Most of us have heard the reference to something called the “addiction gene,” or the genetic predisposition that some people have toward developing a substance use disorder. With our DNA playing such a powerful role in so many of our individual tendencies and personality traits, it makes perfect sense that there is a genetic component to addiction.
While individuals with a strong family history of substance use are more likely to also struggle with addiction, the science community has not yet identified a particular gene responsible for it. As research continues, those who work in the recovery field will be among the first to welcome any new discoveries about the causes of addiction. But for now, having a family history of substance use is considered to be an influential factor in developing a substance use disorder.
Is Addiction Hereditary?
Even though a specific gene related to substance use has not yet been identified, it is safe to say that, to some extent, addiction can be hereditary. People who develop a substance use disorder tend to have children who will also grow up to struggle with this disease. In fact, 25% of the children of alcoholics are more vulnerable to developing an alcohol use disorder as adults.
The heredity mystery could lie in the recent discovery of an infectious agent called human endogenous retrovirus-HK2, from an ancient germ line in the human species. This agent appears to modify a nearby gene, one that is involved in dopamine activity in the brain. The study concluded that the HK2 is found more frequently in individuals with an intravenous opiate use disorder.
Another hypothesis is that the genetic connection is actually about the presence of mental illness in the family. Among individuals with a mental health disorder, there is a strong prevalence of co-occurring substance use disorders. The substance may have been used to self-medicate the symptoms of the mental health disorder, and then evolved into a comorbid substance use disorder.
Other Factors that Contribute to Addiction
While our genetics are thought to factor into one’s chance of developing a substance use disorder, it is not the only factor identified. Other contributing factors include:
- Brain Chemistry. The brain’s reward system and dopamine production is at the center of substance use disorders. There is some evidence that people with naturally low levels of dopamine are more vulnerable to substance use disorders.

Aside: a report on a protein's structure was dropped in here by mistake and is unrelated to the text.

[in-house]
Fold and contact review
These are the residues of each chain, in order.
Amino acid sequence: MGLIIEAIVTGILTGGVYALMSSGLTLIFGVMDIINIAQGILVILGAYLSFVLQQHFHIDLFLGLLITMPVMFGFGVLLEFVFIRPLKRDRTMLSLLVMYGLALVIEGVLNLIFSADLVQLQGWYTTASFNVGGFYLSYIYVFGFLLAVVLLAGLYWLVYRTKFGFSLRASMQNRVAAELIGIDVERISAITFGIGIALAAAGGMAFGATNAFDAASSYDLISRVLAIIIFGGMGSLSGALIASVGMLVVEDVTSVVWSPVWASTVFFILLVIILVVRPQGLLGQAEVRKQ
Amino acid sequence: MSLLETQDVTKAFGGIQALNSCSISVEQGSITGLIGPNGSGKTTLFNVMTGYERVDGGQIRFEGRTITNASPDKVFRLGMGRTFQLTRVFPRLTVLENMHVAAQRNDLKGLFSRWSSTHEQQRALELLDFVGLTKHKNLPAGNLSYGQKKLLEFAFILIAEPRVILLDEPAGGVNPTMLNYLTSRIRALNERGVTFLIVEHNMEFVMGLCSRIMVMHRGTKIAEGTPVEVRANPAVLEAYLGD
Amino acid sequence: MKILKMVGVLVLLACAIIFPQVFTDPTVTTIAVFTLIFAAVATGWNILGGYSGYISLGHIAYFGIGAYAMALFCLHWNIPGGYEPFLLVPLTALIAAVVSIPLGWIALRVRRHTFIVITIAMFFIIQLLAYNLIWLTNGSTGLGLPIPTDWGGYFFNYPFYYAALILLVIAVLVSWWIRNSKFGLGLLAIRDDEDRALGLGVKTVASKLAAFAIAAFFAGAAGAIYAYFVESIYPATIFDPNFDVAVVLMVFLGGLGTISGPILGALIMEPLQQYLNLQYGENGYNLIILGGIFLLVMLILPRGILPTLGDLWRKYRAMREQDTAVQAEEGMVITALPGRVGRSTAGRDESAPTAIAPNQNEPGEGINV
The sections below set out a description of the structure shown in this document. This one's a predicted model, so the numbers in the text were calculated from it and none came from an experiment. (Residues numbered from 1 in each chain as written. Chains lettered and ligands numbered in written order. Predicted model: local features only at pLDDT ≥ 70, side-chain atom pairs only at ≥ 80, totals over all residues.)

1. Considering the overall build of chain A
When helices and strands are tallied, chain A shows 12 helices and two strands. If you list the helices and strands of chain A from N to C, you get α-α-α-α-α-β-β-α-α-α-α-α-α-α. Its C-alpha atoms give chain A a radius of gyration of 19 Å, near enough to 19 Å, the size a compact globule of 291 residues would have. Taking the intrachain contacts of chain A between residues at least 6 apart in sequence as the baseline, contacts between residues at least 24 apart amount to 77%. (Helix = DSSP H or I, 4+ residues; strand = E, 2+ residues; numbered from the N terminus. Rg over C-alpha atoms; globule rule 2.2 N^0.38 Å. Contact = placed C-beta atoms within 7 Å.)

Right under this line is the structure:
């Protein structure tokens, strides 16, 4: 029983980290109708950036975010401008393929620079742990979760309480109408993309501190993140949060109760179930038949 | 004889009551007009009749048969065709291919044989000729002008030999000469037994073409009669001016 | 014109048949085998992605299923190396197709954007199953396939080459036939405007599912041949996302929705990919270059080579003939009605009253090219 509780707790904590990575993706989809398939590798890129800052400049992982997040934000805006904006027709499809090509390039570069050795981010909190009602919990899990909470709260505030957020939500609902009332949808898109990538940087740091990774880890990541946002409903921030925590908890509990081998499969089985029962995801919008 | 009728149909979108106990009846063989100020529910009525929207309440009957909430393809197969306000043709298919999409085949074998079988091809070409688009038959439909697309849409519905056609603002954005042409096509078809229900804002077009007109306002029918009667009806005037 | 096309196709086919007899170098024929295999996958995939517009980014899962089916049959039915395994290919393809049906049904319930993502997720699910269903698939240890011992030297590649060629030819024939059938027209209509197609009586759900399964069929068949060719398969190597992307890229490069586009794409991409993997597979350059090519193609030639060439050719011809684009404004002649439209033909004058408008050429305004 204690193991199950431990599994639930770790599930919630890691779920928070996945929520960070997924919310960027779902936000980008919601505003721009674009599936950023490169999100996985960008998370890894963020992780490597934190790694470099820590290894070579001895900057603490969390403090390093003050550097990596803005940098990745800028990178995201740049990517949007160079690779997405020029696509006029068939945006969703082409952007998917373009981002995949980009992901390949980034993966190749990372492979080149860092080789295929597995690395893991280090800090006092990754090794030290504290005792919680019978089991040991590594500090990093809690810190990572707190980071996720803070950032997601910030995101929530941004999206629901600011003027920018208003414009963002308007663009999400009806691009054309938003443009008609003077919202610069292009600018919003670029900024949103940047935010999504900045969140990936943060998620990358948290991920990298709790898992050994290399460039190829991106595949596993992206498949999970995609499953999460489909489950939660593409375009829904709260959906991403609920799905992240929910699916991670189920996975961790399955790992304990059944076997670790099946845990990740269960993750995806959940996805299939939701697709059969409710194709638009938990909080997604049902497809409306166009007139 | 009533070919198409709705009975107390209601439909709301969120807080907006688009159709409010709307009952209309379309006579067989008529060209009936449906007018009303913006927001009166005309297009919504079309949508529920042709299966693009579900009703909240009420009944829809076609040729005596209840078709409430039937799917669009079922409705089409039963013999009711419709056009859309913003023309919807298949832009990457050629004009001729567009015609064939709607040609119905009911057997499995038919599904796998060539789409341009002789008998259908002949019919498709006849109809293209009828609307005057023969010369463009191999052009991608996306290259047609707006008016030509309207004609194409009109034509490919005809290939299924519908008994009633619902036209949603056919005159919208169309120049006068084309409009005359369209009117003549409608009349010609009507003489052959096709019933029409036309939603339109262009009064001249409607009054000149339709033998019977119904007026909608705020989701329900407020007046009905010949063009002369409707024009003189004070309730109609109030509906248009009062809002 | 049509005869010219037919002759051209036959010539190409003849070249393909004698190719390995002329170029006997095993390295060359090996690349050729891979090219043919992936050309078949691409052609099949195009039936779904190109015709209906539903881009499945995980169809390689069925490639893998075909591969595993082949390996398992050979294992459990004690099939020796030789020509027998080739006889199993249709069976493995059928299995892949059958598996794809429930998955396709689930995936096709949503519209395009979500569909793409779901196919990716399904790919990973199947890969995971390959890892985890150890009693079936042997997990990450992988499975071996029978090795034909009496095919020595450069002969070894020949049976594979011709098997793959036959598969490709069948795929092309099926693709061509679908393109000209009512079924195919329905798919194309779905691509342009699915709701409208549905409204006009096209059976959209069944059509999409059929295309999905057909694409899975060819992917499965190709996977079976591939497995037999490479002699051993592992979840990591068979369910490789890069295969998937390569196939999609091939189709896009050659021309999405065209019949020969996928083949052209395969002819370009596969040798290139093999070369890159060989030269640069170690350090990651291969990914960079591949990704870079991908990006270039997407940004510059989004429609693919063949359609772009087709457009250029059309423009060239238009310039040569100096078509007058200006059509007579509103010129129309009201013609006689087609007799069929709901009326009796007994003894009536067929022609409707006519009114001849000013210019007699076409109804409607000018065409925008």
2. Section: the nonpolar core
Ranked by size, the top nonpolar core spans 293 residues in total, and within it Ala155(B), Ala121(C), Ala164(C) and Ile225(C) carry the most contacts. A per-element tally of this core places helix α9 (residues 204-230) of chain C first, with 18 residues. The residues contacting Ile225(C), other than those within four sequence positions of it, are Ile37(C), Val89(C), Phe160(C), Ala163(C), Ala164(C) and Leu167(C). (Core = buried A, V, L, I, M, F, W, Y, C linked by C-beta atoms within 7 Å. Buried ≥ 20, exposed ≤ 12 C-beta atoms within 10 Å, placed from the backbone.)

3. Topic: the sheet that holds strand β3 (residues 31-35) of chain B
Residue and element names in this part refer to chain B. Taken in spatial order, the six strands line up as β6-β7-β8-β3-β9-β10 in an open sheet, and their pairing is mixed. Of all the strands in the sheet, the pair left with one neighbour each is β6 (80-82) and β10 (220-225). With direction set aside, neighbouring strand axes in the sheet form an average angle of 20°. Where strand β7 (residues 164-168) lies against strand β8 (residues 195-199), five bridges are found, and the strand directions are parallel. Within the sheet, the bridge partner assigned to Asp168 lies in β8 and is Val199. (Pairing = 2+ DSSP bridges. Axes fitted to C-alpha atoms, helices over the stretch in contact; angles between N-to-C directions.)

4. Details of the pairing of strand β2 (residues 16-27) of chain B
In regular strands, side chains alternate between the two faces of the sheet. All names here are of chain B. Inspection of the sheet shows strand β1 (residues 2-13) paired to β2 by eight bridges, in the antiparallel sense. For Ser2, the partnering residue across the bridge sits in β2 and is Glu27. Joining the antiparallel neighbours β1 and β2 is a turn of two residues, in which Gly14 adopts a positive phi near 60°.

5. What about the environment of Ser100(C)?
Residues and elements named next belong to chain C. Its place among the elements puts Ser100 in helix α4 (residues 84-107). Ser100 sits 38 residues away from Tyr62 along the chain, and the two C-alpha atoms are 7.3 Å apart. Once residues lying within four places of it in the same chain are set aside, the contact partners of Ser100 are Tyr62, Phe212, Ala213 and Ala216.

- Undiagnosed Mental Health Disorders. Symptoms of a mental health disorder such as depression or bipolar disorder, or an anxiety disorder are numbed by the substance.
- Early Age Onset of Substance Use. Those who begin experimenting with substances in their preteen or early teenage years are more likely to develop a substance use disorder later in life.
- Environmental Factors. Adverse childhood experiences, such as growing up in a dysfunctional family, or having a history of neglect, abuse, or trauma, can be factors.
- Personality Traits. Certain personality characteristics, like impulsivity or being a non-conformist, or having impaired psychological processes, may be a contributing factor.
The Effects of Addiction
Whether you have a strong family history of substance use, or possess one or numerous other factors that might influence substance use behaviors, the resulting disorder can be devastating. When an individual develops an unhealthy pattern of substance use, it has a profound impact on all aspects of their life. Compulsive and chronic substance use will eventually contribute to an ever-increasing list of negative consequences. These might include:
- Loss of employment, career disruption
- Financial hardship
- Harm to romantic relationships, friendships, and workplace relationships
- Impairments in psychological functioning
- Cognitive impairment
- Health conditions, such as heart disease, cancer, liver disease, kidney disease.
- Aggressive or violent behavior
- DUI arrest
- Loss of custody of children
In addition to the adverse impact that addiction has on someone’s life, it also affects their family, social circles, community, and society at large. Early intervention is essential for reducing or minimizing the damage that a substance use disorder can cause. If you or a loved one is exhibiting signs of a substance use disorder, there is help available.
Ashley Addiction Treatment, formerly Father Martin’s Ashley, is a nationally recognized nonprofit leader in integrated, evidence-based treatment for substance use disorders and is accredited by The Joint Commission. We offer both inpatient and outpatient programs, holistic addiction treatment, drug detox, relapse prevention plans, family wellness programs and a variety of other services tailored to each patient’s needs. Our driving principle — “everything for recovery” — reinforces our mission to heal each individual with respect and dignity, and reflects on our ongoing commitment to meet new challenges. For information about our comprehensive programs, please call (866) 313-6307.